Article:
The man in charge of pharmacology at the University of the West Indies (UWI), Cave Hill Campus Dr Damian Cohall has suggested the proposed pharmaceutical industry for Barbados should be expanded into a health and wellness industry.
While welcoming last Tuesday’s announcement by Prime Minister Mia Mottley that she struck a deal with the Rwandan government that would result in the creation of a pharmaceutical industry here, with a focus on cancer treatment medications, vaccines and drugs for women’s reproductive healthcare, Dr Cohall said the industry should embrace not just a curative approach but a preventive system with room for traditional herbal remedies.
“Generally, when we speak about pharmaceuticals, we speak about medicines to cure disease, but I am hoping that Government would be somewhat flexible and be amenable to the idea of first looking at an expanded health and wellness industry and not just focusing on that [curative] medical paradigm, where we can actually have products that are prophylactic and prevention of disease as well,” the Director of the PhD Pharmacology programme and Senior Lecturer in Pharmacology at UWI, Cave Hill Campus said during an interview with Barbados TODAY.
Dr Cohall, author of Medicinal Plants of Barbados for the Treatment of Communicable and Non-Communicable Diseases, sought to ground his case for the inclusion of traditional herbal medicines in the proposed pharmaceutical industry by arguing that “our ancestors lived for generation after generation” with plant-based remedies playing a key role in their longevity.
He expressed hope that the new pharmaceutical sector would advance the use of plant-based medicines in preventive care – a cause he has been championing for several years.
“Of course, we know that looking at our experience coming out of the pandemic, there would be a strong emphasis on developing antibiotics and also vaccines.
“But we also need to look at health resilience from the standpoint of preventive measures by looking at how compounds from plants are not only seen as curative agents but can also be seen as potential active ingredients to make functional food supplements and pharmaceuticals that can aid in our desire to be a healthier nation,” he suggested.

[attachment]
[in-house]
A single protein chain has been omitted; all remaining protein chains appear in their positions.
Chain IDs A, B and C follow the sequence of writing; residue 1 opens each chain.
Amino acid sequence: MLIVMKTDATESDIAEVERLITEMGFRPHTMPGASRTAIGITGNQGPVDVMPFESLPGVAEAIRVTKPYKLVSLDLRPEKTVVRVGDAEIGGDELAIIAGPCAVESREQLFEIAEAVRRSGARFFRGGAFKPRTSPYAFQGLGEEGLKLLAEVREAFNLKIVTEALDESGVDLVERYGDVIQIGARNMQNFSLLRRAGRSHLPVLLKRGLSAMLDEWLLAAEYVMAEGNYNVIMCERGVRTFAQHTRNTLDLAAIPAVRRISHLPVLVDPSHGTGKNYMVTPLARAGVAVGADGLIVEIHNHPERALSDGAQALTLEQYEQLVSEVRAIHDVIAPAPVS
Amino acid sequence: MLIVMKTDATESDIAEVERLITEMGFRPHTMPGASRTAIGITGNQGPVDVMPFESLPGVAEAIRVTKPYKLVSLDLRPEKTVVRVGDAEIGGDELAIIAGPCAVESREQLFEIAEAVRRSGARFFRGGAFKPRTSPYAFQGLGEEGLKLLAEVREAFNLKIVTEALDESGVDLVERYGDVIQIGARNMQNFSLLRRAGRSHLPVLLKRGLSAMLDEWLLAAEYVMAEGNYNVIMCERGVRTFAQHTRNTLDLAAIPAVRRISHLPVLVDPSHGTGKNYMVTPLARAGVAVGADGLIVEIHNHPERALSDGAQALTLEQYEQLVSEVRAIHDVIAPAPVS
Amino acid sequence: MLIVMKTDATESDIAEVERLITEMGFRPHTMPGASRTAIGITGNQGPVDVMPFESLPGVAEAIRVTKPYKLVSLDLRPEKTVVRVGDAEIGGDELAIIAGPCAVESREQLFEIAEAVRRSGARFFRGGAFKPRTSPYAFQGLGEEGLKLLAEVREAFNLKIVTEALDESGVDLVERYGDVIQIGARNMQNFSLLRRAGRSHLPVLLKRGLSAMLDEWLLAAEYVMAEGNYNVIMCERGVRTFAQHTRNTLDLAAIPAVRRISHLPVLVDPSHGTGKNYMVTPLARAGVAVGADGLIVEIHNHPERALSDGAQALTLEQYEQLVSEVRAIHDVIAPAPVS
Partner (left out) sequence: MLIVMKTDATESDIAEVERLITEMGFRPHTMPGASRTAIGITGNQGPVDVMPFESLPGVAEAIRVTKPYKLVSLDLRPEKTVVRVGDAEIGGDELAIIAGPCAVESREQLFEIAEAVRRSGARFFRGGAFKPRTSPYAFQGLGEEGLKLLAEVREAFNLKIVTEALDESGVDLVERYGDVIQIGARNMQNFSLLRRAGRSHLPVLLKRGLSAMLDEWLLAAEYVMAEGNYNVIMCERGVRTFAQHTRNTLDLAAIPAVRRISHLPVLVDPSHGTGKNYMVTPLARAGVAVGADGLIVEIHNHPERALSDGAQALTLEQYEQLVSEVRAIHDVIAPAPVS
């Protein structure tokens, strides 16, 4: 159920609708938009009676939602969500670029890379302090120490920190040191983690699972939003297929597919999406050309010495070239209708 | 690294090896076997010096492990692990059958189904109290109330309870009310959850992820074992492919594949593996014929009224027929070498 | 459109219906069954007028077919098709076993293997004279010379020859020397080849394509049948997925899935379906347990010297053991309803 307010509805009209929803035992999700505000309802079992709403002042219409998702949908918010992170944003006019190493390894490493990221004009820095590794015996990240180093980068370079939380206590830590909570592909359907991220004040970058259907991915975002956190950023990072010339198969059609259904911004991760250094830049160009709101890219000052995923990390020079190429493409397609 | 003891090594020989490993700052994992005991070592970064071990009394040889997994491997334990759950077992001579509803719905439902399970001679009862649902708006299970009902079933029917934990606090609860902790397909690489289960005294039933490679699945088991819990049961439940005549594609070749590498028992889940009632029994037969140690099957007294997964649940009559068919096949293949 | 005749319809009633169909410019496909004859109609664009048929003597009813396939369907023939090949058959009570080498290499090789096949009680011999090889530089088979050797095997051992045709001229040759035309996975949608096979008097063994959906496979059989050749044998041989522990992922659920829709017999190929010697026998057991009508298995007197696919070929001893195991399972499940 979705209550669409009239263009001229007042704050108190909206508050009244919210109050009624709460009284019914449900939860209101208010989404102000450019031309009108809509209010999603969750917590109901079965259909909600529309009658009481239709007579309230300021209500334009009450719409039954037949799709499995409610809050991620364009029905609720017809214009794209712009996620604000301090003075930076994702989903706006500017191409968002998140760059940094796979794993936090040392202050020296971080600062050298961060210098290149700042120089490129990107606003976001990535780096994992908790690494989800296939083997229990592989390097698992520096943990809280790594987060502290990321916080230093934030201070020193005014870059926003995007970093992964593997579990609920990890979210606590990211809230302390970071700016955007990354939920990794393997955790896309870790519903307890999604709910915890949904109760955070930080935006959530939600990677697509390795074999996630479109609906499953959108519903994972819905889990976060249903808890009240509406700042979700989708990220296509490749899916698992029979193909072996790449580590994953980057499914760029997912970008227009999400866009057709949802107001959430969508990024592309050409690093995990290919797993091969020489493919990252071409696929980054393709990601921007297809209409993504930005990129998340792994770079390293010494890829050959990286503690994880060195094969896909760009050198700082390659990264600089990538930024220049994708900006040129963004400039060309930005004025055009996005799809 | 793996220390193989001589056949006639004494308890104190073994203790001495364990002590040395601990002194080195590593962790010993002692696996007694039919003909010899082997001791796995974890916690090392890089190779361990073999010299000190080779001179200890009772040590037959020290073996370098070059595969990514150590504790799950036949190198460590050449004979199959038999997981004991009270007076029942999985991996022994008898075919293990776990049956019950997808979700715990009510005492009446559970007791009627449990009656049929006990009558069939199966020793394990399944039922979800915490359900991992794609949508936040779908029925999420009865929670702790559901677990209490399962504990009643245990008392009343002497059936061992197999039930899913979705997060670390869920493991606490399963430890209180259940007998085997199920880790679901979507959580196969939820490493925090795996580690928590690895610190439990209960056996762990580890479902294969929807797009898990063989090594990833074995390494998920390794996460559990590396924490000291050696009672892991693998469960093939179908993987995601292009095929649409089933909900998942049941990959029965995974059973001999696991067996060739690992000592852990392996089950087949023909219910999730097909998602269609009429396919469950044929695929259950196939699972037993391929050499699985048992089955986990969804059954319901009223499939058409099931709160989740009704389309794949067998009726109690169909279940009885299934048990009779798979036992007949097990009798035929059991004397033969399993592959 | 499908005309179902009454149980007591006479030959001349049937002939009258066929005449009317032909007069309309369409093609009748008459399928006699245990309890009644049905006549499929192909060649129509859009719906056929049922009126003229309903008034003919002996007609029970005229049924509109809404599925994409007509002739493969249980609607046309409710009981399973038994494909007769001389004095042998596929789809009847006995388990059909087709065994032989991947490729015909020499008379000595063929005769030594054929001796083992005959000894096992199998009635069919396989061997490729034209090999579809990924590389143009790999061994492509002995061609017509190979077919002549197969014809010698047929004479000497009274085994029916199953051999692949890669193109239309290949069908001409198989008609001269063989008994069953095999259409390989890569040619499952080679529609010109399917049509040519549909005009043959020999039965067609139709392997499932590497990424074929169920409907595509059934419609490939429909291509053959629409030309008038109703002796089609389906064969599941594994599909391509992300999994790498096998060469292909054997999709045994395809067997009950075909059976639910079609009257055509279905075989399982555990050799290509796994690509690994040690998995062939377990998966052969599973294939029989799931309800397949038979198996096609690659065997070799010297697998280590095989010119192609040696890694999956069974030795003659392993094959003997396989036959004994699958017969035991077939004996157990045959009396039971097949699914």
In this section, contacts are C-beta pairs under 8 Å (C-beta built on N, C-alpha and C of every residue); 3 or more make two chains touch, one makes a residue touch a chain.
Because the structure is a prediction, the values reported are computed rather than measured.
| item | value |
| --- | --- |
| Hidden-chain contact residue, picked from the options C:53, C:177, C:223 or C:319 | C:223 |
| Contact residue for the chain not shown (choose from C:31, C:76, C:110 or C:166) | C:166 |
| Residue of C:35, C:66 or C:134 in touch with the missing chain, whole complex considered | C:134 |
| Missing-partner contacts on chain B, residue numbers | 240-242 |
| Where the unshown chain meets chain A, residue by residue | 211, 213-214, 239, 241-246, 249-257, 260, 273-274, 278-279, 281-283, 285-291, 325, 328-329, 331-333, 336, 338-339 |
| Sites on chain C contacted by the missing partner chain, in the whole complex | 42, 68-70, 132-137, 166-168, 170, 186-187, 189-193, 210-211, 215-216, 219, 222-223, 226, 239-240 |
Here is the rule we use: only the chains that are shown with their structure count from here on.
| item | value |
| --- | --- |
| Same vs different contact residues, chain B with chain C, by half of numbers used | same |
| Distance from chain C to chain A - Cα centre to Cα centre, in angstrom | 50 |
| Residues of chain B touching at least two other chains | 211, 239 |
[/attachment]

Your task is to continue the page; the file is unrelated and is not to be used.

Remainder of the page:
Dr Cohall also addressed the local medical fraternity’s resistance to the use of herbal medicines.
“What I see as a possible way to address this issue is the marrying of both worlds to some extent, where we look at the modernisation of traditional herbal medicines. Let’s look at opportunities to make herbal medicines more mainstream like our colleagues in China and India. We need to make it more mainstream in our region by teaching about herbal medicines in schools and introducing our youngsters to it from the time they are in primary school,” the UWI researcher submitted, adding the value of these medicines should be reiterated to students at the secondary and tertiary levels as well.
Dr Cohall, who is the UWI’s Director of the Department of Preclinical and Health Sciences, is convinced that the new industry would open doors for careers and further research opportunities for graduates of his faculty.
“Pharmacology has always been a discipline in the region that has been extremely academic, and not heavily slanted toward industry and development of industries, so we welcome it. That is really the regional perspective,” he said.
The university researcher explained that pharmacology in other parts of the world always has “these two interesting opportunities for graduates who spend time undertaking this discipline at the Masters and Postgraduate levels where you move into academia at university and do research”.
He suggested that students could also have the option of working in the industry, such as at pharmaceutical companies, developing drugs and ensuring the country has local options for medicines derived from home sources rather than the constant imports which come at a heavy price.
Dr Cohall is certain that his students would welcome the setting up of the pharmaceutical industry.
“I welcome it and I am quite sure that my students would seize an opportunity to expand our skill set with the development of these industries,” the Senior Lecturer on Pharmacology declared.
In her announcement at a press conference at the Grantley Adams International Airport (GAIA) after an official trip to Rwanda, Prime Minister Mottley said the creation of a pharmaceutical industry was one of the biggest achievements coming out of that visit.
She disclosed that the new sector would provide jobs for between 4 000 and 5 000 Barbadians.